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Overriding System Colors

    Question

  • Is it possible to have a private theme that is only used by one application?

    I have a requirement to set the colors of elements that are not exposed through their property sheet.  For example the color of a forms border and the color of the title bar.

    I know you can change these by using the SystemsColor class but that changes them for all applications.

    Is it possible to have a private theme?


    http://www.saberman.com

    Wednesday, February 22, 2012 3:23 AM

All replies

  • Is it possible to have a private theme? 

    No. (sorry)

    But you can set the form's border to "none" and put your own box around it that looks like a border.

    You can put a box at the top of the form that looks like a titlebar. you can put minimize maximize and close buttons on this (fake) titlebar. 

    You can move forms around by it, and even resize the form with lots and lots of custom code on certain mouse events You should google that.

    hth

    roger

    • Proposed as answer by Dirk Goldgar Thursday, February 23, 2012 7:09 PM
    • Unproposed as answer by saberman Saturday, February 25, 2012 6:51 AM
    Thursday, February 23, 2012 12:52 PM
  • This is a "feature" which is the way Microsoft refers to bugs.  But it is not a solution.  It is clear that the color of the border should have been a property that was under the control of the deveoperl but Microsoft -- in its never ending campaign to protect the user from themself -- decided (without any extenal input) that this was one more item better left to the Empire to control.

    http://www.saberman.com

    Saturday, February 25, 2012 6:55 AM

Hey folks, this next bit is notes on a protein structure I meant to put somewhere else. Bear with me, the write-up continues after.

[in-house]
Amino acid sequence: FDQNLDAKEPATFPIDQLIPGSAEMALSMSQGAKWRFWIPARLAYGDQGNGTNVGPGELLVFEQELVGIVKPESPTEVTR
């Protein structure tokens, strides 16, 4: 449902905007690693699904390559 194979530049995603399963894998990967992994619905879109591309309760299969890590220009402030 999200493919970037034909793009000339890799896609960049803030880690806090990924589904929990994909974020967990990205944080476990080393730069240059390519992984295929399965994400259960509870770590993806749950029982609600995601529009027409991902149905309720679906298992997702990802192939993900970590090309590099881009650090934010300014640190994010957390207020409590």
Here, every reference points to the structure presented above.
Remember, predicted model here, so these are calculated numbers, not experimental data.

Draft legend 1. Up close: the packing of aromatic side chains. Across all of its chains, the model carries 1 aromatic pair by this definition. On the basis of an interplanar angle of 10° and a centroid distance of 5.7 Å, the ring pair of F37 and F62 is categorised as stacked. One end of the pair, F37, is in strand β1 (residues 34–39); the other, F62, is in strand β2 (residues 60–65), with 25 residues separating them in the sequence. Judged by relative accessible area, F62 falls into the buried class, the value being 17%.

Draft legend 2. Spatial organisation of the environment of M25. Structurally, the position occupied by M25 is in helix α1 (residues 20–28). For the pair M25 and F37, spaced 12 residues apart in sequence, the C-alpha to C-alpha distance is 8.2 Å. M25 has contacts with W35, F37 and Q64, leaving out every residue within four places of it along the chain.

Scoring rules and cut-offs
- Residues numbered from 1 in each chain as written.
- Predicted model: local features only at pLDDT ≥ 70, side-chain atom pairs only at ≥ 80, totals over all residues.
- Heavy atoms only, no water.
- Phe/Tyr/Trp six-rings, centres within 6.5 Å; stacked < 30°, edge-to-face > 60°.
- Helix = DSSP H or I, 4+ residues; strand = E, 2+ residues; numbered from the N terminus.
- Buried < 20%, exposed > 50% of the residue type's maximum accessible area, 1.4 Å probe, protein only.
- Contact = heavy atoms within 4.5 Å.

• The fact that you don't like the way Windows is designed is not a reason to call it a bug.  In Windows, system colors are set at the system level, not at the application level or form level.  You want the application to be able to specify its own color palette?  Fine, that could be a desirable feature, but the absence of a feature is not a bug.

    Roger told you how to, in effect, implement this missing feature on your own.  I think it's a shame that you won't give him credit for answering your question (is it possible...?) *and* telling you how to accomplish your design goals.


    Dirk Goldgar, MS Access MVP
    Access tips: www.datagnostics.com/tips.html

    Sunday, February 26, 2012 1:12 AM
  • Roger told you how to, in effect, implement this missing feature on your own.  I think it's a shame that you won't give him credit for answering your question (is it possible...?) *and* telling you how to accomplish your design goals.


    I asked how to set the color of a form's border.  Rolling your own custom form and handling all of the events associated with that is not an answer.  Do you realize how much code has to be writen because Microsoft failed to expose a form's border color and titlebar color or at least make them setable via the SendMessage API?

    http://www.saberman.com

    Sunday, February 26, 2012 3:02 AM
  • Not to roast you for asking this question, but why do you care what the border color is?